- 4 of us now have ham radio licences
- 2 of us know where the book is for celestial nav – great course at the National YC
- Stuart is the medic
- Brendan is the journo/photographer

Anyhoo – here's the scoop – got the boat dans le water, mast in and snugged down. Popped on the J1 (jib#1) and the furler – fits great. Side rigging was too short last year but after mixing up which side was which it now fits perfectly, forestay fits perfect, put the boom and mainsail on – fits perfect – what happened?? Must have stuffed up something last year. Anyway all good news. Now fro sailing.
Snuck out solo – could not resist it - had the main and J1 up in 5 knots of calm seas – gliding along at 3knots – nice.
Next time out in 10 knots – hard on the wind – 6 knots with the main looking like an aircraft wing – solid and shaped great. Next time 15 gusting to 20 - J1 and 2 reefs – main sets just like it should – just powering along – would not get 8.2 but 8.1 and 7.9 hard on the wind and 8 running down. Steering slightly heavy but feeling good. I love it!!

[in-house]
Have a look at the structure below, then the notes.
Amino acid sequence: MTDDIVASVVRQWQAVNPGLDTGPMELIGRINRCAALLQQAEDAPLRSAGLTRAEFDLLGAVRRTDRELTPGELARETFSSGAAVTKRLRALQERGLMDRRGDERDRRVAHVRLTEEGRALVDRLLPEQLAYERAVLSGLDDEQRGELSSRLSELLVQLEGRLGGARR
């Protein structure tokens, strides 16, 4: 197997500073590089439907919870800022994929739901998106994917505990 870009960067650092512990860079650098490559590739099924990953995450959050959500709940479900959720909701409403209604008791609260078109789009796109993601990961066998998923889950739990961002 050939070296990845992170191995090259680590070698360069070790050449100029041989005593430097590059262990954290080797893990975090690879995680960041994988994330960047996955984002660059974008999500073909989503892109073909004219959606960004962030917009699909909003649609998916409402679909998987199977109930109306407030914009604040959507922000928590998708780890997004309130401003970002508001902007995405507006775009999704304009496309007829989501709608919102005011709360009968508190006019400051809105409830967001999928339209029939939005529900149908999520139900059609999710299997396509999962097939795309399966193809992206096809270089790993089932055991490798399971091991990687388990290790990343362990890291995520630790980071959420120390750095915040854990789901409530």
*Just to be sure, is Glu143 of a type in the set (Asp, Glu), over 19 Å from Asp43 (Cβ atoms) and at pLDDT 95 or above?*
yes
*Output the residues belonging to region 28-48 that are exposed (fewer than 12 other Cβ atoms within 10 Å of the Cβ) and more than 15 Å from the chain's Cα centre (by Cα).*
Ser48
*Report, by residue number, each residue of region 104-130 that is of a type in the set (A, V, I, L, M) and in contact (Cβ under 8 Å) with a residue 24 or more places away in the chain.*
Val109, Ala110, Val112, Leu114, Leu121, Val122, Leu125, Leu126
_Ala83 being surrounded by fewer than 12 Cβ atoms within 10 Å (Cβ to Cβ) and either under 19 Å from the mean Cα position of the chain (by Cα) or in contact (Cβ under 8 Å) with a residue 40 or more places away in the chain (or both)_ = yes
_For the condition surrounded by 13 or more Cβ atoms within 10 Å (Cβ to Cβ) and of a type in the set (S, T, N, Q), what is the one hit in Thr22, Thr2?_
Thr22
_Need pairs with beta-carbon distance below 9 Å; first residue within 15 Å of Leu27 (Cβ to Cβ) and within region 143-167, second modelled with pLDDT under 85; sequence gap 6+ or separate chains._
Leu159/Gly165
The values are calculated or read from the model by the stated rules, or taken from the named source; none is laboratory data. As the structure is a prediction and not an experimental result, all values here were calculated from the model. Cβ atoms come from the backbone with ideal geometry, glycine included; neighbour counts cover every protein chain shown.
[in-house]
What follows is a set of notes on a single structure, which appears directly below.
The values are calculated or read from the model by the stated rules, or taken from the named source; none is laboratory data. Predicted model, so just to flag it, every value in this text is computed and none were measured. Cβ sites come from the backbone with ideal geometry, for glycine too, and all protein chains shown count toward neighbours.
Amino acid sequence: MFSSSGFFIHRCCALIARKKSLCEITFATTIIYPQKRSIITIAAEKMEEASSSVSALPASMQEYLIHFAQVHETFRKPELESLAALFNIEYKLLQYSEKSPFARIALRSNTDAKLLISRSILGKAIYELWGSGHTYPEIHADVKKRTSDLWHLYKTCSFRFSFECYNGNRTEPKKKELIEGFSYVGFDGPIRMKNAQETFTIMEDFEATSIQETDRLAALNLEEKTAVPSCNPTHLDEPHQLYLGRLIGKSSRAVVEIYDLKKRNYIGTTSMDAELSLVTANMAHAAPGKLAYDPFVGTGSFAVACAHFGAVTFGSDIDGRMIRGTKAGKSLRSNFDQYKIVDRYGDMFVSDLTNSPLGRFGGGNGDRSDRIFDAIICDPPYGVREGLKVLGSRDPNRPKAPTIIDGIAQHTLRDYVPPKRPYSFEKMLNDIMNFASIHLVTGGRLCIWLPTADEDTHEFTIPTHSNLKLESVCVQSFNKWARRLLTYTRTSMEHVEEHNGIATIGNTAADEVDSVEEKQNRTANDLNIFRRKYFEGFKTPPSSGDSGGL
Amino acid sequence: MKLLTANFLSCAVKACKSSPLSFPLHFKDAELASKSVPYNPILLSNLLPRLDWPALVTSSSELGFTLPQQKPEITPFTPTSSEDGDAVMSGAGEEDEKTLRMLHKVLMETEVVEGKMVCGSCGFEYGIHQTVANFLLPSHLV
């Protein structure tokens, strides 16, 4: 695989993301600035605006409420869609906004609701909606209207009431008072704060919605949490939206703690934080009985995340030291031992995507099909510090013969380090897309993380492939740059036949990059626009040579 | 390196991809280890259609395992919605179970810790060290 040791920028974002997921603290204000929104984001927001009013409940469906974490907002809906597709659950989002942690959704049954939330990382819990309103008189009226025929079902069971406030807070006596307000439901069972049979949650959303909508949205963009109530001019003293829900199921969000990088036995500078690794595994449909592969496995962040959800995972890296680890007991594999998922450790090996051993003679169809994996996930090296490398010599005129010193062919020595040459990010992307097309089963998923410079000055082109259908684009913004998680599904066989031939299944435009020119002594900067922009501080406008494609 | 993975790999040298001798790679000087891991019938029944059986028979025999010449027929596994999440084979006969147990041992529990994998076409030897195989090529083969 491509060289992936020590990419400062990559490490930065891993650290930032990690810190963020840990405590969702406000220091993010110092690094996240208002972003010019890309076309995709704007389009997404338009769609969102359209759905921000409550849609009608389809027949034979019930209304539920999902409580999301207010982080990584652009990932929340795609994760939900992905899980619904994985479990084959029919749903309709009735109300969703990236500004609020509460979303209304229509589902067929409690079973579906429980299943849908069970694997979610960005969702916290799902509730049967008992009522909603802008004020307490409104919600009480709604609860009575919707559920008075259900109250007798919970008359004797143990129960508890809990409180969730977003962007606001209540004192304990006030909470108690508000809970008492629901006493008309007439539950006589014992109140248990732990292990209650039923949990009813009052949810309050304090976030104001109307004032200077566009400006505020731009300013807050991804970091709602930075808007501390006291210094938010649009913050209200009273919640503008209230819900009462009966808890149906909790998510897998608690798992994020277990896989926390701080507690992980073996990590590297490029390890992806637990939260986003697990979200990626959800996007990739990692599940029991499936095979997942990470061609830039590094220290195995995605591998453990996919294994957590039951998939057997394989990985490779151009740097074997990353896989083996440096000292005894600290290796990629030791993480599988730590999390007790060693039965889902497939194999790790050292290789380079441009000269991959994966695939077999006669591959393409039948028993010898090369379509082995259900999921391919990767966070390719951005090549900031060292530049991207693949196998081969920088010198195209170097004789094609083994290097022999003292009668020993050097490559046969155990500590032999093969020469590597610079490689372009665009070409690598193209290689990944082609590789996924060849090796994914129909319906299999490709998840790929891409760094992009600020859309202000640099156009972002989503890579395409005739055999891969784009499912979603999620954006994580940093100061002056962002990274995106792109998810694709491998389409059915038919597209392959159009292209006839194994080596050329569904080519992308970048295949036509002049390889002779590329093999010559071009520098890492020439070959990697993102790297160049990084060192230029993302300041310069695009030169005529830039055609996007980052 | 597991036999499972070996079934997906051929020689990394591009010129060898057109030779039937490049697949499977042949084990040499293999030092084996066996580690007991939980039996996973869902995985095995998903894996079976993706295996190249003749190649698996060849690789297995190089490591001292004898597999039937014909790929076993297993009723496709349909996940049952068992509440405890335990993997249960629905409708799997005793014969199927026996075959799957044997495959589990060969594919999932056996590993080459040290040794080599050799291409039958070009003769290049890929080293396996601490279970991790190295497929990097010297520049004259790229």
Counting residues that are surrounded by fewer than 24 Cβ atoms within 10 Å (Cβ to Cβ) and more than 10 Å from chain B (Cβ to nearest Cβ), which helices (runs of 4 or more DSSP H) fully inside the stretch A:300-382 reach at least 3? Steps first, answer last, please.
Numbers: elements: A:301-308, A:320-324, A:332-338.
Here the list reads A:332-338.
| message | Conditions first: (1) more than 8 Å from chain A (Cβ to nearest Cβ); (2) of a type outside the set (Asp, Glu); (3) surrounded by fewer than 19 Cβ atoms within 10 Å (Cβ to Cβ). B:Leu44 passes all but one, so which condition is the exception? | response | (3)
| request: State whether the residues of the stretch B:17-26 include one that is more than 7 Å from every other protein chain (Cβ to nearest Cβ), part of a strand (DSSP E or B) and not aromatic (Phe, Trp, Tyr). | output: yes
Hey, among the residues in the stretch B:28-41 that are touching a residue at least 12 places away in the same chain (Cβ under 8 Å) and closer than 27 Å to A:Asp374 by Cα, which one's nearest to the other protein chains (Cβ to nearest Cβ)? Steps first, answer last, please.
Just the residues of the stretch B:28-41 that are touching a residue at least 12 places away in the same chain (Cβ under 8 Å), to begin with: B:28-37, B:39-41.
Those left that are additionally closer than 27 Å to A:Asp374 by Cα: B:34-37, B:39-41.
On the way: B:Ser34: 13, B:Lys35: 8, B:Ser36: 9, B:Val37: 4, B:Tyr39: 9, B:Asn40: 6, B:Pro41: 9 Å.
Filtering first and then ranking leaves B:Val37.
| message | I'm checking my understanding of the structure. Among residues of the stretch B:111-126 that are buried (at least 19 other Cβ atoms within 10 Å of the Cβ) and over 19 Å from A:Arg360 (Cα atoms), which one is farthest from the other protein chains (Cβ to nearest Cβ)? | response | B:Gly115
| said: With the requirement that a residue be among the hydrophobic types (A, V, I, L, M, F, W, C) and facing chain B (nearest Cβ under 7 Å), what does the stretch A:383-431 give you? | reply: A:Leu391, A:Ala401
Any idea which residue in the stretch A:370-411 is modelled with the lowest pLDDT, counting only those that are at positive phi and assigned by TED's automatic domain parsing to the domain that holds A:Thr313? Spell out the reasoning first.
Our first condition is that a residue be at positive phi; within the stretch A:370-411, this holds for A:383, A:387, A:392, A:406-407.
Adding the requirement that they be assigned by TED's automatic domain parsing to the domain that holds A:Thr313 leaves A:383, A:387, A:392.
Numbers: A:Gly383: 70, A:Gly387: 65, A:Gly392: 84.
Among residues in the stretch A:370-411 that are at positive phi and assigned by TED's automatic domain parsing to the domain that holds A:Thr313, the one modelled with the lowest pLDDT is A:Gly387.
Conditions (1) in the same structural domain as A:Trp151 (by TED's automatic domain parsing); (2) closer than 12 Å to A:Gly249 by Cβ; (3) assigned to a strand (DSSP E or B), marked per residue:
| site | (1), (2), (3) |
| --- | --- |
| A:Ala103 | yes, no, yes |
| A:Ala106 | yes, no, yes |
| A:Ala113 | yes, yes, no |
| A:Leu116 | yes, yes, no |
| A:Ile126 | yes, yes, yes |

It's a different feeling to last year. – maybe the changes underwater, and the improved reefing system has done the trick.

Now we have a boat.


Bronte slip 325 – Welcome aboard.

Summer of 2008

From Doug S.

After a long winter and cool /cold spring the boat is in the water and it's sailing time. John did a lot of work over the winter and it's coming along nicely. All the new electronics need to be hooked up so we can start playing with the toys. Other than that we seem to be ready to go. On my first sail of the season it was quite cold but the boat was sailing nicely in light air. Getting back in the groove and slowly remembering all the forgotten quirks of the boat, like not wrapping the running backs on the spreaders. Look up! Anyway this is the big year and it's time to get going.